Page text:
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Nicotine and ED

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  • Nicotine and ED

    Let's for a second forget about emphysema, bronchitis, chronic obstructive pulmonary diseases and lung cancer. Although these are a all life threatening effects associated with smoking (and not yet formally linked to vaping), lets discount them for the sake of this discussion. This by no means suggests that one must overlook the presence of other particles in vapour, like formaldehyde, that when inhaled in large quantities can be harmful.

    Let's focus on nicotine. Like most people here, I too have substituted smoking with vaping. It has been good so far since I have been taking in large quantities of nicotine. Although my stamina (running performance, your perv.) has increased marginally along with a slow recovery of the oral cavity; I don't see much improvements in the nether regions.

    Nicotine is a known vasoconstrictor, which means it reduces blood flow to different parts of the body. Again, this affects people differently. But the most common area for blood flow restriction, like all vasoconstrictors, is below the belt. What's worse is it allows plaque formation in arteries, making erectile dysfunction (ED) a long term effect.

    Now, one thing is for certain. Vaping today doesn't mean your closed for business tomorrow. It just means your shop will get smaller each day/month/year until you're closed for business. Lady-Vape/Nicotiners are luckier in this regard.

    For those men who are done procreating and fornicating, you can write-off ED to the price of getting old. But those who believe in men-no-pause, quitting nicotine is just a baby step forward if you have already quit smoking.

    I for one am definitely going to drop down to 3 mg/ml asap.


  • #2
    Re: Nicotine and ED

    Are all of those just 'speculations' or do you have any evidence of what you are saying is factual about vaping?

    I can relate 101 problems with vaping but what actually is the cause of the so called problems? Sedentary lifestyle? Yes, that is to be blamed for sure. People who spend longer hours sitting in one place can have higher cholesterol levels. But would it be appropriate to relate that with vaping? You can't even relate that to smoking anyway. What about people who don't smoke or who don't vape and have higher cholesterol levels? What about those who have never smoked or vaped and yet have ED?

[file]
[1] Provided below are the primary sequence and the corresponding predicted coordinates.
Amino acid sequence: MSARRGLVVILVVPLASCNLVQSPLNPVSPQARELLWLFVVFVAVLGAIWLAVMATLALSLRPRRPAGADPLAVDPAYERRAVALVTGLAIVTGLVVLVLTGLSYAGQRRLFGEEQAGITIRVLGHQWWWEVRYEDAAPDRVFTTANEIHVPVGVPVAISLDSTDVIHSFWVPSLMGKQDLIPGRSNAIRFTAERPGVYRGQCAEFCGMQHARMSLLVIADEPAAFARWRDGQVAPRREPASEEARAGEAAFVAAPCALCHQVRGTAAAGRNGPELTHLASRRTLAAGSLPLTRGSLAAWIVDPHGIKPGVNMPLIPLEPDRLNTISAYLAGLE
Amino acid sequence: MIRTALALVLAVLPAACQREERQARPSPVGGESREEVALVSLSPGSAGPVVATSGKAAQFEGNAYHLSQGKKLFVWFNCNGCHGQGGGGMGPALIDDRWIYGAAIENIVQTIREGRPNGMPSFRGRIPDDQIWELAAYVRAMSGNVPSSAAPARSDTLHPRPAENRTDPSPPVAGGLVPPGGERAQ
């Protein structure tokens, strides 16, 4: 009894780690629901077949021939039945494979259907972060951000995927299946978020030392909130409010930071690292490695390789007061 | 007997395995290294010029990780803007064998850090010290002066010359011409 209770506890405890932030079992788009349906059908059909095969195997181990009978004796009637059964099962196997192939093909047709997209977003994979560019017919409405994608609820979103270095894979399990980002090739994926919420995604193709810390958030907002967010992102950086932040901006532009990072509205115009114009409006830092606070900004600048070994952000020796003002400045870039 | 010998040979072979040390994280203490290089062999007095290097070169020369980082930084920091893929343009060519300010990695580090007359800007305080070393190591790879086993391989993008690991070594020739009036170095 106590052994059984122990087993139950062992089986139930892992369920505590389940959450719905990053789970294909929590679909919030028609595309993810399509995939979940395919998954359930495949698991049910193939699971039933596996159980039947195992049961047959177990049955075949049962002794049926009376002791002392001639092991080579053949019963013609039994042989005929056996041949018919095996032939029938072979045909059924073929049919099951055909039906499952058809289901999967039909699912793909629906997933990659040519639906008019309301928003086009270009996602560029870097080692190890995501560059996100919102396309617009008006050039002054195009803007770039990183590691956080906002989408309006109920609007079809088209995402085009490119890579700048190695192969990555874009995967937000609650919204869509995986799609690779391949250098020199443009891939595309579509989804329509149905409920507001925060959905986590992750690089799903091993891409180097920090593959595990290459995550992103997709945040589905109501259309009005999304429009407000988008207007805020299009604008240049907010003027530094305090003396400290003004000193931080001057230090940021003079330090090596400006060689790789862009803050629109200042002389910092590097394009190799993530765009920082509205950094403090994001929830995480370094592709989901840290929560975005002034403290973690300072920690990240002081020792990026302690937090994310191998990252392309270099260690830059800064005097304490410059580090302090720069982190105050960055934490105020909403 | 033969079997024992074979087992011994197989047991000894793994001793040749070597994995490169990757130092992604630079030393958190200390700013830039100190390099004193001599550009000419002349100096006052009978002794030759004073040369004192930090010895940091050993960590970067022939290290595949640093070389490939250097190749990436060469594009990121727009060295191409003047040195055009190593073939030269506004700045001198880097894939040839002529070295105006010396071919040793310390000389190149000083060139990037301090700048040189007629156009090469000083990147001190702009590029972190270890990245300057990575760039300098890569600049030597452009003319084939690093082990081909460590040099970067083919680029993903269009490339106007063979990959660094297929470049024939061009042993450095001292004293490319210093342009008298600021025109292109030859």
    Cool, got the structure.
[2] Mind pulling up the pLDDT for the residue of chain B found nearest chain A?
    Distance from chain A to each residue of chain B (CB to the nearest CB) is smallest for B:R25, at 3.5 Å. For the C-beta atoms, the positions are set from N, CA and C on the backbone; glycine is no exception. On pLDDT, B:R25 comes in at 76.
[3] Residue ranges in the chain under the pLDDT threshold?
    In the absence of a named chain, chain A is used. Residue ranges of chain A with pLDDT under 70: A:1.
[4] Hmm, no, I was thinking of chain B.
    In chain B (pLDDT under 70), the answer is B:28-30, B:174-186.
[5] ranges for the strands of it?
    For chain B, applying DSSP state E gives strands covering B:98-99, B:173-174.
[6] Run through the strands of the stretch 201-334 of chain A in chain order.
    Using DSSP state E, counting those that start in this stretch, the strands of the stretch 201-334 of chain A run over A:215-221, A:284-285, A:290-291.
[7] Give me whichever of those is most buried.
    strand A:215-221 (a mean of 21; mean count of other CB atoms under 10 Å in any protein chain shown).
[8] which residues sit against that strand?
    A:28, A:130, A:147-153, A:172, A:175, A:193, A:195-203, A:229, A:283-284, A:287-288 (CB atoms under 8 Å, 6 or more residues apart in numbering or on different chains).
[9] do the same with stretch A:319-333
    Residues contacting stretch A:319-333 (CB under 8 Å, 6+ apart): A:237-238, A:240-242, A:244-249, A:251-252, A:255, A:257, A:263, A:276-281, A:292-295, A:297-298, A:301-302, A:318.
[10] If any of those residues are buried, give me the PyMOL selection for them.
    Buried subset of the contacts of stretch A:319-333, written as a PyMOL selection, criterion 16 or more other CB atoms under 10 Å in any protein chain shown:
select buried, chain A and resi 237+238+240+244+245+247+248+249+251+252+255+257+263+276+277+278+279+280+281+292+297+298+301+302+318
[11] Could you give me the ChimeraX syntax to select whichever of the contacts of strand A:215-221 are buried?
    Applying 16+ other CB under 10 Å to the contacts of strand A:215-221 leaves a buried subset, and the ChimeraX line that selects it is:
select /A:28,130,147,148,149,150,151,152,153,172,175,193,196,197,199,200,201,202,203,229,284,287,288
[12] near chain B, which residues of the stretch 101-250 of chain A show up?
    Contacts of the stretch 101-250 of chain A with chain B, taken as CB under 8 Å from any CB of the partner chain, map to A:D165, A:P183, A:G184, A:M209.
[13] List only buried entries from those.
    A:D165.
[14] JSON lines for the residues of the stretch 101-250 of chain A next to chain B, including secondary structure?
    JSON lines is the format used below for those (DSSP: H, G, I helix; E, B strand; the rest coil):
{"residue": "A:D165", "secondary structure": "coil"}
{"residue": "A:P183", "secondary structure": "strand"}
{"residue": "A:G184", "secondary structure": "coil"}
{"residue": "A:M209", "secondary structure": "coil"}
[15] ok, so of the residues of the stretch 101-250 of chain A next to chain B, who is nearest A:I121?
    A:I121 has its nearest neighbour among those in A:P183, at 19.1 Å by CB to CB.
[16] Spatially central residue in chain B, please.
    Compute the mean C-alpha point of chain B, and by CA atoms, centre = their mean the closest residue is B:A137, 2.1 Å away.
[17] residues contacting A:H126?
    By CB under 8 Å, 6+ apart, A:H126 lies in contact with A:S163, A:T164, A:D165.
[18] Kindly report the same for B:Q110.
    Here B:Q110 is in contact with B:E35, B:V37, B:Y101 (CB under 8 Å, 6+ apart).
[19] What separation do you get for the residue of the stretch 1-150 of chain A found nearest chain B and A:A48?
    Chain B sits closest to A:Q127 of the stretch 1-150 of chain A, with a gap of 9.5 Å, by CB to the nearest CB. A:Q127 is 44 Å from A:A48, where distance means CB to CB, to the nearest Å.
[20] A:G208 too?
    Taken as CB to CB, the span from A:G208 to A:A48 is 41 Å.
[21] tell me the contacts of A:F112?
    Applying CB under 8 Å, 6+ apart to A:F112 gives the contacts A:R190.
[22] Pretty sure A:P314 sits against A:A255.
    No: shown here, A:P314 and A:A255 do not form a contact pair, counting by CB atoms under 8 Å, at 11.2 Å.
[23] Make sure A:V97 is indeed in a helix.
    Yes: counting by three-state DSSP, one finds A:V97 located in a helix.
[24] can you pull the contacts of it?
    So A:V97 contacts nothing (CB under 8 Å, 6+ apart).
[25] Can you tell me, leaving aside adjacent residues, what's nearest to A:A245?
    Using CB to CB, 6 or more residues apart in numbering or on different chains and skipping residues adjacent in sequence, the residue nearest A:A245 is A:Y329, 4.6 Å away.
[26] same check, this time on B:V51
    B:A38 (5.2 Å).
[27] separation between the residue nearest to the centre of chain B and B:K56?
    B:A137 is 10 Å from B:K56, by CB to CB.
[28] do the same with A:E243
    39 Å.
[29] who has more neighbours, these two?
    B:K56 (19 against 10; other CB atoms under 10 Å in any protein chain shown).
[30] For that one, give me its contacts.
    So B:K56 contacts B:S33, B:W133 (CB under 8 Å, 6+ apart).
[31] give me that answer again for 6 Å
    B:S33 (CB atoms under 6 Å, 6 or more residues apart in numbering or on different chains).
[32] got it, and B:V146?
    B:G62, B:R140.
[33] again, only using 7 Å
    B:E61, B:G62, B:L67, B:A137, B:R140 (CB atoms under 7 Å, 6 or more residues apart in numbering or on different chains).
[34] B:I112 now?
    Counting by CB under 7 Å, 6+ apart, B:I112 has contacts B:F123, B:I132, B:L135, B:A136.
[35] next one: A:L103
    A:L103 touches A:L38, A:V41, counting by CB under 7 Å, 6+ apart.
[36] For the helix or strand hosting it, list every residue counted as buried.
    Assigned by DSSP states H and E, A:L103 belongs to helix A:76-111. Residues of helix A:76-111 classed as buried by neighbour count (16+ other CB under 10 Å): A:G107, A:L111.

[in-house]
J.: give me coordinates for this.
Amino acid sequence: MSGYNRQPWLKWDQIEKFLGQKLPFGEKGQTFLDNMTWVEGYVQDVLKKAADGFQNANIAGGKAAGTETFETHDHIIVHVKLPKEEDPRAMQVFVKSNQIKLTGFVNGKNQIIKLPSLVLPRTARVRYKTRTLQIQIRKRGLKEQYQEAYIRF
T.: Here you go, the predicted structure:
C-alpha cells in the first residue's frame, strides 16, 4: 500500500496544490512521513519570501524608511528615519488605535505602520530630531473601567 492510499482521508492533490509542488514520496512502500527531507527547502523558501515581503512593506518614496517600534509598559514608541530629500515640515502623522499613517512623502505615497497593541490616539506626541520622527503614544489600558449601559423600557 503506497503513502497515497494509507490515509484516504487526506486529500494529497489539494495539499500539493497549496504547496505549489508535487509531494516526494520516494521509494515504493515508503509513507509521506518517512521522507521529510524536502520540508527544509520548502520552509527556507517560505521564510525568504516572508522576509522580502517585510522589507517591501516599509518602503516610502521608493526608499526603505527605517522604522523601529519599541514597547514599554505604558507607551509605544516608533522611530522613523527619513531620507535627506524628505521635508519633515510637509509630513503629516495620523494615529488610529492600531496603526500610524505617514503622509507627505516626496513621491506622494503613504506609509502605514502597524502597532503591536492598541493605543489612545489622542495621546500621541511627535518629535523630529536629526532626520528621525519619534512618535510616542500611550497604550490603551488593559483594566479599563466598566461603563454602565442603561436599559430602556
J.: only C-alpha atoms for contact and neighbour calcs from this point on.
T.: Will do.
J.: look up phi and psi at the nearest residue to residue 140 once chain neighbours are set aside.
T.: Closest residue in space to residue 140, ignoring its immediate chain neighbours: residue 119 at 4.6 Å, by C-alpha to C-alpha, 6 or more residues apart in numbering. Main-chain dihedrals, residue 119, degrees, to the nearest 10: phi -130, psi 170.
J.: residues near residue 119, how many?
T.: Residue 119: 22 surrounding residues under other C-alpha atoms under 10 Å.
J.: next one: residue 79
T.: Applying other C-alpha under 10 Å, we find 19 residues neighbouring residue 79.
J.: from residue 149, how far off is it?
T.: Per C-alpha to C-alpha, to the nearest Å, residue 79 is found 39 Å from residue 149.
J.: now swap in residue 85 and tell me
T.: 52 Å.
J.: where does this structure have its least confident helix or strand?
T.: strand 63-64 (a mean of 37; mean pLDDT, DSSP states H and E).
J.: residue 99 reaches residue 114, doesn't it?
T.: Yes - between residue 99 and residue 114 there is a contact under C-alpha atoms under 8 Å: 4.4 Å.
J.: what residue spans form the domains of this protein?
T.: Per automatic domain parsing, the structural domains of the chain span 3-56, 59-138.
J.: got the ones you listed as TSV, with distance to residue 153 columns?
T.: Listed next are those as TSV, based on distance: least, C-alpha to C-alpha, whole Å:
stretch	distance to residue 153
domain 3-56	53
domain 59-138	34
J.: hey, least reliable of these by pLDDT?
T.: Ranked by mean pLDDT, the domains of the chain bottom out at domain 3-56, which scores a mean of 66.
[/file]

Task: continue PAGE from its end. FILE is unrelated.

I vouch for dropping down nic levels but would you give any evidence (or share some reports or data) that proves Nic caused any problems? I mean, something to compare to like before vaping and after starting vaping.

    I have believed in a lot of things in the past .. VG is causing cholesterol, so one shouldn't vape higher VG. PG is causing me an allergy of some kind. Nic is creating me chest pains. But these are speculations, not factual data.

    I'm vaping 80% VG since last few weeks but also making sure that I brisk-walk 30 minutes a day. Guess what, 100% clean report. Cholesterol levels under control (or if you wish to use medical terminology: Lipids profile good. LDL and VLDL under control). LFT (Liver Functioning Test) absolutely fine. No pains, no breathlessness, nothing.

    Guess what, my sedentary lifestyle was causing all of those problems and those would've happened even if I weren't vaping.


    • #3
      Re: Nicotine and ED

      I accept that the scientific findings on vaping are still thin and more biased than not. However, the question here is about nicotine. Nicotine is a known vasoconstrictor. Which mean, it can, will and does lead to higher propensity of ED. The realms of this are subjective, that is to say, it does not affect all people the same way.

      What makes Vaping better than smoking - you can choose how much nicotine you want to inhale. This is a game changer. With smoking you don't have that control. In fact, people barely ever read how much nicotine they're smoking. With vaping you have the alternative of tapering it off.

      Now as far as proof goes, here are two journal articles that talk about smoking and nicotine in the context of ED: - this one is abridged unfortunately